Cassie Sharpe is ready for Pyeongchang 2018.
The Comox-raised freestyle skier is coming off her third gold medal win of the season at a recent World Cup event in Snowmass, Colo. Her score of 93.20 points included a right-cork 900, a left-cork 700 and a cork 1080. The latter — a three-rotation spin while flipping upside down in mid-air — has been waiting in the wings for some time.
“It was good to put that run together, and land it the way that I did,” said Sharpe, 25, who lives in North Vancouver. “I figured I haven’t done the Switch Cork Seven in a long time. I talked with my coach, and he said that if, and when, I landed it that I was allowed to unleash the Cork 10.”
And unleash it she did.
“Really, really thankful that I did.”
Prior to Snowmass, Sharpe had won a World Cup race in New Zealand in September and a Dew Tour event last month in Breckenridge, Colo.
In 2016, Sharpe won a gold medal at the X Games in Norway. The year before, she won gold at the Tignes FIS World Cup, and silver at the FIS World Championship.
She has the distinction of being the first woman to use a Switch Cork Seven in competition. This trick involves taking off backwards, going upside down and rotating 700 degrees.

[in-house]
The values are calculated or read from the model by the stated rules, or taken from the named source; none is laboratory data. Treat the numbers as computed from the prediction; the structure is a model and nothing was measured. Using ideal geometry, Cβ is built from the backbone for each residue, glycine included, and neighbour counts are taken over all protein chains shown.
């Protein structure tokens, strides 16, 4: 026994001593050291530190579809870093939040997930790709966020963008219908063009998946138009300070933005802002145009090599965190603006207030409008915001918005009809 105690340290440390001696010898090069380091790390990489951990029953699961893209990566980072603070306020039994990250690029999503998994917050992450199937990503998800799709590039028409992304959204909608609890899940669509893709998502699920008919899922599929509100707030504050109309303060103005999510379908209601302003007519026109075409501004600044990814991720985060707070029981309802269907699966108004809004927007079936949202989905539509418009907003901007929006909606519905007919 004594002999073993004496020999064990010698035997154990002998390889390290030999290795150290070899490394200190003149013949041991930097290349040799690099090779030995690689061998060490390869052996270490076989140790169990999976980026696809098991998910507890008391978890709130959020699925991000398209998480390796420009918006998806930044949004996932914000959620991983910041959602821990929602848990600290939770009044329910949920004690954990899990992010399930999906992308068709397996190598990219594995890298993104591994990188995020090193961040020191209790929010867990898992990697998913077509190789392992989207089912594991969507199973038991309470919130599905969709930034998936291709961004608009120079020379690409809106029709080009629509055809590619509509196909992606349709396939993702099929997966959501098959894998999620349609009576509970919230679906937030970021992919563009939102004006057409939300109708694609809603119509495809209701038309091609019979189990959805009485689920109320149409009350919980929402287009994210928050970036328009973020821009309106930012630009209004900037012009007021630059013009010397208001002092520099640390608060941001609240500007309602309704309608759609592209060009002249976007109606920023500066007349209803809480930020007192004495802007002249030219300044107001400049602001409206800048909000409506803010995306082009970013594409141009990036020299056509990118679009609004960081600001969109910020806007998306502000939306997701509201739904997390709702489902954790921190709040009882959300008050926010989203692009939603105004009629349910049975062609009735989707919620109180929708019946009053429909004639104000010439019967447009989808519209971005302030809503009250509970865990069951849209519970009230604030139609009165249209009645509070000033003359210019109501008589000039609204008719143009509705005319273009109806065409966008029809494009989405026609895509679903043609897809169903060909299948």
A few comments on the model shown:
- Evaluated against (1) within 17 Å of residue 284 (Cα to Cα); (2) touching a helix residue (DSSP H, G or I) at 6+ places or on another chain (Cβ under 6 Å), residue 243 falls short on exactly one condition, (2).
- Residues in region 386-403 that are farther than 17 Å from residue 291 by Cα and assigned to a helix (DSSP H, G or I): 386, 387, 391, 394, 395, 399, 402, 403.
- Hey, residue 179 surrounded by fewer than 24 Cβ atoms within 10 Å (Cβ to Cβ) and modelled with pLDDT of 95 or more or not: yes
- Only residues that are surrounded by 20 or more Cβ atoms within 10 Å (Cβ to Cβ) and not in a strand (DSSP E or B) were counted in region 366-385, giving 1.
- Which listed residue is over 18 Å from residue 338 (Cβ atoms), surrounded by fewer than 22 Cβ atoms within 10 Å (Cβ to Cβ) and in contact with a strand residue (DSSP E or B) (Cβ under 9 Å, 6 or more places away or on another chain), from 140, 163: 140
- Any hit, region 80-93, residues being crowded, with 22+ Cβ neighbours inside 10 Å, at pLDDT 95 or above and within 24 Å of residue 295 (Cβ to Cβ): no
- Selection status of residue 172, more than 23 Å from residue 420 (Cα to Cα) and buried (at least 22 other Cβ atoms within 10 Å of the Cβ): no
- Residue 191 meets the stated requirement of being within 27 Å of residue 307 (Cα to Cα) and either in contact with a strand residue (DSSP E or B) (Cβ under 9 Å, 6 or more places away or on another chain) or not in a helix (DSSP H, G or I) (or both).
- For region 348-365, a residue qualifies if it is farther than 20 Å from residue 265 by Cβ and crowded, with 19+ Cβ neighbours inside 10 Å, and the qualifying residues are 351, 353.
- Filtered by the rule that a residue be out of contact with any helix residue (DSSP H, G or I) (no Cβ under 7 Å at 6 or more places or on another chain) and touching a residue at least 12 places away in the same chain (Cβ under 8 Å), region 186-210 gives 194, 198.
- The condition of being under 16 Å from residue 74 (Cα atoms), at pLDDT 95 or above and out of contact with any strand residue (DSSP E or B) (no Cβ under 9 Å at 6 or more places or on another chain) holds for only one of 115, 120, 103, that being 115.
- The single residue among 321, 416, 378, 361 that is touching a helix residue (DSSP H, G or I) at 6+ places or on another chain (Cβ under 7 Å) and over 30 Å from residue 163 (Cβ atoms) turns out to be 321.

“And I put that in my contest run last year at the end of the season in France. That was the first time I’d ever done it.”
Though Canada’s freestyle team has yet to be announced, Sharpe has earned enough points on the World Cup circuit to secure a spot in her first Olympics. Over the last few seasons, she’s become well acquainted with her halfpipe competitors who will be vying for Olympic gold. Pretty much the entire Olympic field appeared at the last competition. About four of her main competitors are American. One is Brita Sigourney, who was second behind Sharpe in Snowmass. There’s also Japan’s Ayana Onozuka, who was third in Snowmass, and French skier Marie Martinod.
“We’re all pretty friendly,” Sharpe said. “As much as we’re competing against each other, there’s a lot of camaraderie.”
She feels things are on track heading into the Pyeongchang Games, Feb. 9-25. After a bit of “fine tuning” in Calgary, Sharpe will compete at the X Games in Aspen, Colo., then return to Calgary for a week of training before heading to Korea.
“I feel strong, I feel mentally strong,” she said. “All my tricks are pretty dialled. Just all the little fine tunings.”